Debes, who led the study published in The Astrophysical Journal on Feb. 19, and his team, including discoverer and co-author Thévenot, has some idea as to what might be going on, but more research is needed. One hypothesis is that J0207’s dusty ring is composed of multiple rings with two distinct components, one thin ring just at the edge of where the star is breaking up a belt of asteroids and a wider ring closer to the white dwarf. It’s hoped that follow-up observations by the next generation of space telescopes, such as NASA’s James Webb Space Telescope (JWST), will be able to deduce what those rings are made of, thus helping astronomers understand the evolution of these ancient star systems.

Besides being the ultimate way to gain perspective on our tiny existence (and an excellent topic for an awkward dinner conversation), this research underpins a powerful way in which citizen scientists are shaping space science, particularly projects that require many human brains to process vast datasets.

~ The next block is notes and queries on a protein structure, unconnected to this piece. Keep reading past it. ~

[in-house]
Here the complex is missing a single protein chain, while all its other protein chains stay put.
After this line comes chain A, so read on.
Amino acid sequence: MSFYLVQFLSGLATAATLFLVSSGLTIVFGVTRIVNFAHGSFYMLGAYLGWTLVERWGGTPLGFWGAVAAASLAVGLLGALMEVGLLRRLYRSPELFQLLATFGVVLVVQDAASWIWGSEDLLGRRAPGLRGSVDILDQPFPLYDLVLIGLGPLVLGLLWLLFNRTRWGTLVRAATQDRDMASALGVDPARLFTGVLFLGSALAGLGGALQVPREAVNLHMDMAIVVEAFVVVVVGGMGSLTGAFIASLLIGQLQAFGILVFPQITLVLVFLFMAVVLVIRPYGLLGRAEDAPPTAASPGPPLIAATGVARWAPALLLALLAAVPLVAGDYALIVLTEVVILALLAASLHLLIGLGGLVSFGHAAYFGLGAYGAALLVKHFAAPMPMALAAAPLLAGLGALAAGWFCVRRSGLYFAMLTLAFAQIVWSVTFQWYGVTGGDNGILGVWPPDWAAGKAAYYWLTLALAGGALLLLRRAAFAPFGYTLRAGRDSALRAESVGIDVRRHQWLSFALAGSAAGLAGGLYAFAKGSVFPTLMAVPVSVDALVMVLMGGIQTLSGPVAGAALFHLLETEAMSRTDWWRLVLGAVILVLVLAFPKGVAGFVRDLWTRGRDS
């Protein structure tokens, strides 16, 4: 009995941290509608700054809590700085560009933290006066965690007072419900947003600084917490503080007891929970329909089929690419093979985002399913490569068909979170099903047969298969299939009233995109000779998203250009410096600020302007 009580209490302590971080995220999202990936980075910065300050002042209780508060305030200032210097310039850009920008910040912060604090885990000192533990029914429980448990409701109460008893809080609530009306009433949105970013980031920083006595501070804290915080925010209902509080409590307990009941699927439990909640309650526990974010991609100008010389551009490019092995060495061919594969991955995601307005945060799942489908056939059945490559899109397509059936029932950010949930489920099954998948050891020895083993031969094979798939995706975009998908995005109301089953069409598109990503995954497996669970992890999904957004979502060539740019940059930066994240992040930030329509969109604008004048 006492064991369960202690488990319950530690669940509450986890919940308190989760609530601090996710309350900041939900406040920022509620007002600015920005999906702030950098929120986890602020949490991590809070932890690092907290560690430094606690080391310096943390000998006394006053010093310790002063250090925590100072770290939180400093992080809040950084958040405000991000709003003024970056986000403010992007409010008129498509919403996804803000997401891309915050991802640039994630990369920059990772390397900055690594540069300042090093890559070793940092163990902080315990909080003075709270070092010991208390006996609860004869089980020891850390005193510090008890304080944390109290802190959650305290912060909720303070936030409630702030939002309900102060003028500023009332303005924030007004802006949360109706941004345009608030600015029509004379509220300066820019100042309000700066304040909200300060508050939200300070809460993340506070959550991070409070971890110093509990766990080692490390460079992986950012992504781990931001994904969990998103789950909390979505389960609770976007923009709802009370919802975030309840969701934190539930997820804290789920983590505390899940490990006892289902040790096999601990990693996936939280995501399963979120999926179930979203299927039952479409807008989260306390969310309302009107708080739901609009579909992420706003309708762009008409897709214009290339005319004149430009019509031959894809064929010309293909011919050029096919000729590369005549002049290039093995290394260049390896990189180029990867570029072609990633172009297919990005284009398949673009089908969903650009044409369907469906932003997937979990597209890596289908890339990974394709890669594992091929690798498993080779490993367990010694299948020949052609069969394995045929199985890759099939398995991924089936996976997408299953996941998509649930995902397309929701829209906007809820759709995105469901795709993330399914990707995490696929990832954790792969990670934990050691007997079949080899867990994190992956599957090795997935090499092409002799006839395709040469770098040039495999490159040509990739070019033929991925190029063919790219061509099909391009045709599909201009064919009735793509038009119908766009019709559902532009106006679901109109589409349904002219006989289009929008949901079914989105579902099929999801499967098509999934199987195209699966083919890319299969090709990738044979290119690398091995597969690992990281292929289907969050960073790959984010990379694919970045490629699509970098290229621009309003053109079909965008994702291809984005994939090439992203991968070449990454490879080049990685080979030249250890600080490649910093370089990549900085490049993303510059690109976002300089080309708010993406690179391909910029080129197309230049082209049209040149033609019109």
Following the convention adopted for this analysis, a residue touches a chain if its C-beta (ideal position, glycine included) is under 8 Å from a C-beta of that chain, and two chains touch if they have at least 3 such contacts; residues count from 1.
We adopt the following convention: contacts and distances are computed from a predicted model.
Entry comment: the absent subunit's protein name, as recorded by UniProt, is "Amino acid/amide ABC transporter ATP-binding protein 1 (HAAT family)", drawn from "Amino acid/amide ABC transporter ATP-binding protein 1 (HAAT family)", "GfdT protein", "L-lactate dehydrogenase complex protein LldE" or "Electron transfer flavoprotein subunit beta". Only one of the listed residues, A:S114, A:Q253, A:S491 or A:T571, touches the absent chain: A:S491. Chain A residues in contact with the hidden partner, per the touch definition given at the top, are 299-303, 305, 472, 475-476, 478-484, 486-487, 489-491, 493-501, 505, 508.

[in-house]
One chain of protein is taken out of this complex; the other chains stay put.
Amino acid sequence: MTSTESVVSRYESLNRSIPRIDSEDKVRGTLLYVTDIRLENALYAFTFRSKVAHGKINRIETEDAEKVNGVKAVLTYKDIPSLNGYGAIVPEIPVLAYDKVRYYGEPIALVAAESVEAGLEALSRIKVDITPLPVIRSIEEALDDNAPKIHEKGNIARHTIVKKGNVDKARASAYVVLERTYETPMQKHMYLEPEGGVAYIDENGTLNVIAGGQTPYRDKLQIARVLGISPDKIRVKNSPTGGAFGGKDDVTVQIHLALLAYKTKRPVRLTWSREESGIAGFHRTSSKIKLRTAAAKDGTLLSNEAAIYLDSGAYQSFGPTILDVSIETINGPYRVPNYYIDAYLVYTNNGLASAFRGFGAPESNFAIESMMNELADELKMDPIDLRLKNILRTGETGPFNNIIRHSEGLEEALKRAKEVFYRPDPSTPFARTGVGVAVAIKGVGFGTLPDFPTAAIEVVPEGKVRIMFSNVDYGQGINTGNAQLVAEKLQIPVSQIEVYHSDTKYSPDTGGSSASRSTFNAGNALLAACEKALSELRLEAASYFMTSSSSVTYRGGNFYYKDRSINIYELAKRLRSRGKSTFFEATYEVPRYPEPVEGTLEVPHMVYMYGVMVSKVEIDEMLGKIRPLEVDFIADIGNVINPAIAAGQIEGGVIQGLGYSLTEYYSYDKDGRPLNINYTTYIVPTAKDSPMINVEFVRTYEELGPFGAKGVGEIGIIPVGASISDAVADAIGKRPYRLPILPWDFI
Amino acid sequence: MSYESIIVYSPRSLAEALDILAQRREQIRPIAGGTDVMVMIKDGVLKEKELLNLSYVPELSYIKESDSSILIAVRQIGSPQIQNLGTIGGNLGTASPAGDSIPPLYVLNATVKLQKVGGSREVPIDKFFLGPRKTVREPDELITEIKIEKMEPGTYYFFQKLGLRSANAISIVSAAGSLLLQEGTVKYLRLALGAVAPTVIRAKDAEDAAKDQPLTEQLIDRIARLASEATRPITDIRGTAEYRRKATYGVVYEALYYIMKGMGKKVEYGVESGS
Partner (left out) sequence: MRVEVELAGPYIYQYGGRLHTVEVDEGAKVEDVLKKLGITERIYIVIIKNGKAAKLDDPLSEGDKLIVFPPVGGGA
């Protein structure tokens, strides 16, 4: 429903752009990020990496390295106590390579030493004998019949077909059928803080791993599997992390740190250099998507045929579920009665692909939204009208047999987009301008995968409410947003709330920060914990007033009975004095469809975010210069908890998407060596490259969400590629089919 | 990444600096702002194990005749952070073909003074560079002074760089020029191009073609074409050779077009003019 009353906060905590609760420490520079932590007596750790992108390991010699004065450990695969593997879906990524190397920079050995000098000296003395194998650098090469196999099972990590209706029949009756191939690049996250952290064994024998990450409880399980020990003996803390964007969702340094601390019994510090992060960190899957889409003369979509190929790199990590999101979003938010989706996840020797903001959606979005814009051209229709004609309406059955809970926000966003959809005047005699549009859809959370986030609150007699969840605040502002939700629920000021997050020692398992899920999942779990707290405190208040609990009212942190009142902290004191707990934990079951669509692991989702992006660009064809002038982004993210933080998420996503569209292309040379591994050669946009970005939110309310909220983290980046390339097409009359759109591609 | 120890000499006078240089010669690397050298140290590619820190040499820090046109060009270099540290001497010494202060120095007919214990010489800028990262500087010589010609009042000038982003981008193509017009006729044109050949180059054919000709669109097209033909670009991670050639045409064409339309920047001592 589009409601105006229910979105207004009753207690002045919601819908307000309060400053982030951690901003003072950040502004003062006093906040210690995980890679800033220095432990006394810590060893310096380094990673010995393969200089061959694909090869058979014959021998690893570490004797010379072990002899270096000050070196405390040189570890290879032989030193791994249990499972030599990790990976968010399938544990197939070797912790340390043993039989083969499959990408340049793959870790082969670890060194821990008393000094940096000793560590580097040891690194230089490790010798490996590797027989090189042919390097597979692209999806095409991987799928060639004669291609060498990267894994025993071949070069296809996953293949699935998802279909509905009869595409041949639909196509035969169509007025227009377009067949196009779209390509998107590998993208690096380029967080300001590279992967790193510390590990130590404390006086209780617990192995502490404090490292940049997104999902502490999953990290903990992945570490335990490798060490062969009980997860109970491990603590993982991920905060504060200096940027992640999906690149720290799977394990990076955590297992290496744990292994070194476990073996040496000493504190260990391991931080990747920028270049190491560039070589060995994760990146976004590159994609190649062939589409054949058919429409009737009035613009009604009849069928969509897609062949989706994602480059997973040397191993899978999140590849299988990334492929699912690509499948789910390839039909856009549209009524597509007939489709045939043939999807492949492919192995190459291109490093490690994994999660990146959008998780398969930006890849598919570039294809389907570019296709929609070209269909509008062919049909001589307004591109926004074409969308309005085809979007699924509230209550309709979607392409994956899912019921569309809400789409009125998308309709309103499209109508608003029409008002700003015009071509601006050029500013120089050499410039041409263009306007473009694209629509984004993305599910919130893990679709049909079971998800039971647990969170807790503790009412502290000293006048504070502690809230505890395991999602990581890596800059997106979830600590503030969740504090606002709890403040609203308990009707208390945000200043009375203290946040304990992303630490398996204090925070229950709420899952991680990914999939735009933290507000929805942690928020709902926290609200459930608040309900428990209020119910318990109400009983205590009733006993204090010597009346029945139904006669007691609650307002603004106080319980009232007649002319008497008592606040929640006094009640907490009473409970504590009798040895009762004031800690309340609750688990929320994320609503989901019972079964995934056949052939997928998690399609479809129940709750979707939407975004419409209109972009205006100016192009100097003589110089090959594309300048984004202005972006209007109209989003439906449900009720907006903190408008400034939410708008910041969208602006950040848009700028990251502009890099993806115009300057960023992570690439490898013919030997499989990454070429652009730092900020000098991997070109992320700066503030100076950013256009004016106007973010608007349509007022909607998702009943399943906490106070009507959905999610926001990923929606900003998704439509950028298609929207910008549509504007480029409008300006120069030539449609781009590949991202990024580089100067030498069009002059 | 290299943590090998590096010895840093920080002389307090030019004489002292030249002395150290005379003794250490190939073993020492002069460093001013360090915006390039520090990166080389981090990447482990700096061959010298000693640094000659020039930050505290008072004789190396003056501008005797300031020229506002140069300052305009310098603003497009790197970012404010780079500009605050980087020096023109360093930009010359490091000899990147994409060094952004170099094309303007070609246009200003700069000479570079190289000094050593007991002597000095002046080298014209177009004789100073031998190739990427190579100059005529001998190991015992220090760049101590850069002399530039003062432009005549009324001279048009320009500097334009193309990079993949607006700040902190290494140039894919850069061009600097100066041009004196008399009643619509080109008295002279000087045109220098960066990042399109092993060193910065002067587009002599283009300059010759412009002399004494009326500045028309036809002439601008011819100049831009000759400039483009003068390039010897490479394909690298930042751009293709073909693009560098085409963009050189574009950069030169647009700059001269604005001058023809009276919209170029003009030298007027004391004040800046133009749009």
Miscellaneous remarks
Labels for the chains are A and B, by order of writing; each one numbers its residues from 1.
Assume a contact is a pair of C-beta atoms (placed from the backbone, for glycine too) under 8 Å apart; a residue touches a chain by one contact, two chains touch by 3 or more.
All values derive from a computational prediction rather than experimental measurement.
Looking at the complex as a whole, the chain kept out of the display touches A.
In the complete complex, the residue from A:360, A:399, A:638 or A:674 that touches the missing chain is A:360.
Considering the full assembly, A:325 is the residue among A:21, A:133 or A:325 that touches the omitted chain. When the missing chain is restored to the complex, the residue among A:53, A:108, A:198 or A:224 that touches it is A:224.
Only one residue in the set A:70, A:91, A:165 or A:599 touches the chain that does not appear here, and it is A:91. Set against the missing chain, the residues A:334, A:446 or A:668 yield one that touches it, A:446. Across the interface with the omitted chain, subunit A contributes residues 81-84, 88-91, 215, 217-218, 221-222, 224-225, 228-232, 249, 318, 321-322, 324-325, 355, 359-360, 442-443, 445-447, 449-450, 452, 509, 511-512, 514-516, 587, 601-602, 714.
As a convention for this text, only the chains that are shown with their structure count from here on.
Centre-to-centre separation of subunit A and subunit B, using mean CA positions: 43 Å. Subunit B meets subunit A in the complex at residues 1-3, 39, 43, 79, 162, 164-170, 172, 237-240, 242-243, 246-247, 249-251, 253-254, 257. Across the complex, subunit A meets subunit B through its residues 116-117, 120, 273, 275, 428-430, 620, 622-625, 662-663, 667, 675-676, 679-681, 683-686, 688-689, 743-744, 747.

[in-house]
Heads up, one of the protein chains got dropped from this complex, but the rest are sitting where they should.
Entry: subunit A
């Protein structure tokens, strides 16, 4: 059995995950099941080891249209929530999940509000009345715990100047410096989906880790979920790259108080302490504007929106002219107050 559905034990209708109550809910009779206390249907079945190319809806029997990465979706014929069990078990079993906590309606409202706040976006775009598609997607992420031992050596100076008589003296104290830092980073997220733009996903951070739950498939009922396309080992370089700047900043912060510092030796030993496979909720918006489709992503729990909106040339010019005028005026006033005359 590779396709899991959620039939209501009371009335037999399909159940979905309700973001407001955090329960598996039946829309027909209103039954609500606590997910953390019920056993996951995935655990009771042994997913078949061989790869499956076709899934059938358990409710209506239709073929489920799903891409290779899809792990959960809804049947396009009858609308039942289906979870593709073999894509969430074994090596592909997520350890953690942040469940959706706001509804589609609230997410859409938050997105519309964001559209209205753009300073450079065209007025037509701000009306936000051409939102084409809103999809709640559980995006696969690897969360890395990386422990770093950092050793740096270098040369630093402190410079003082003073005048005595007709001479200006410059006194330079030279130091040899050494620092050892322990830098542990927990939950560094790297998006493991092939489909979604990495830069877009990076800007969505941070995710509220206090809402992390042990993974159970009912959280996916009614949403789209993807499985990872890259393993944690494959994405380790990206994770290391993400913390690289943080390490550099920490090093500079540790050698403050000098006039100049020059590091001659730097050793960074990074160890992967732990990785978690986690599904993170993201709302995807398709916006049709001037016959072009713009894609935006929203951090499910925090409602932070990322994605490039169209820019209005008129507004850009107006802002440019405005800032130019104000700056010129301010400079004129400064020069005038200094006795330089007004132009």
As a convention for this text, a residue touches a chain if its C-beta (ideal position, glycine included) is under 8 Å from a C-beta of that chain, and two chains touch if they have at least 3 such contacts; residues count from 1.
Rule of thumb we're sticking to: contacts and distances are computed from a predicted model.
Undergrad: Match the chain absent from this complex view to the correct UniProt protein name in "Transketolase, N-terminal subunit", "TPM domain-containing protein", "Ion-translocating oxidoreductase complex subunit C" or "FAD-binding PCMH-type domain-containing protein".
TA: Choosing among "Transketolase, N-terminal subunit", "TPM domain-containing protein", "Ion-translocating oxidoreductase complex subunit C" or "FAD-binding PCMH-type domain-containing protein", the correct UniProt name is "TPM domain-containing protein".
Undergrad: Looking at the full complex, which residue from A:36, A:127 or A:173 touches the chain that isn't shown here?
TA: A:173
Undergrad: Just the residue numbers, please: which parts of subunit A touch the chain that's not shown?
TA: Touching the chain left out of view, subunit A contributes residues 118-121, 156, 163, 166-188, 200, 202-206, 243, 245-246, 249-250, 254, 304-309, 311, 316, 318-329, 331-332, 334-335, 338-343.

“That is a really motivating aspect of the search,” said Thévenot, who is one of more than 150,000 volunteers who works on Backyard Worlds. “The researchers will move their telescopes to look at worlds you have discovered. What I especially enjoy, though, is the interaction with the awesome research team. Everyone is very kind, and they are always trying to make the best out of our discoveries.”

‘Failed’ Star Rapidly Orbits ‘Dead’ Star in Weird Stellar Pairing


The galaxy may be filled with weird stellar wonders, but you’d be hard-pressed to find a binary system stranger than WD1202-024.

First thought to be an isolated white dwarf star approximately 40% the mass of our sun, astronomers studying observational data from NASA’s Kepler space telescope realized the stellar husk has company. In an extremely fast 71-minute orbit, the star has a brown dwarf, 67 times the mass of Jupiter, in tow — an unprecedented find.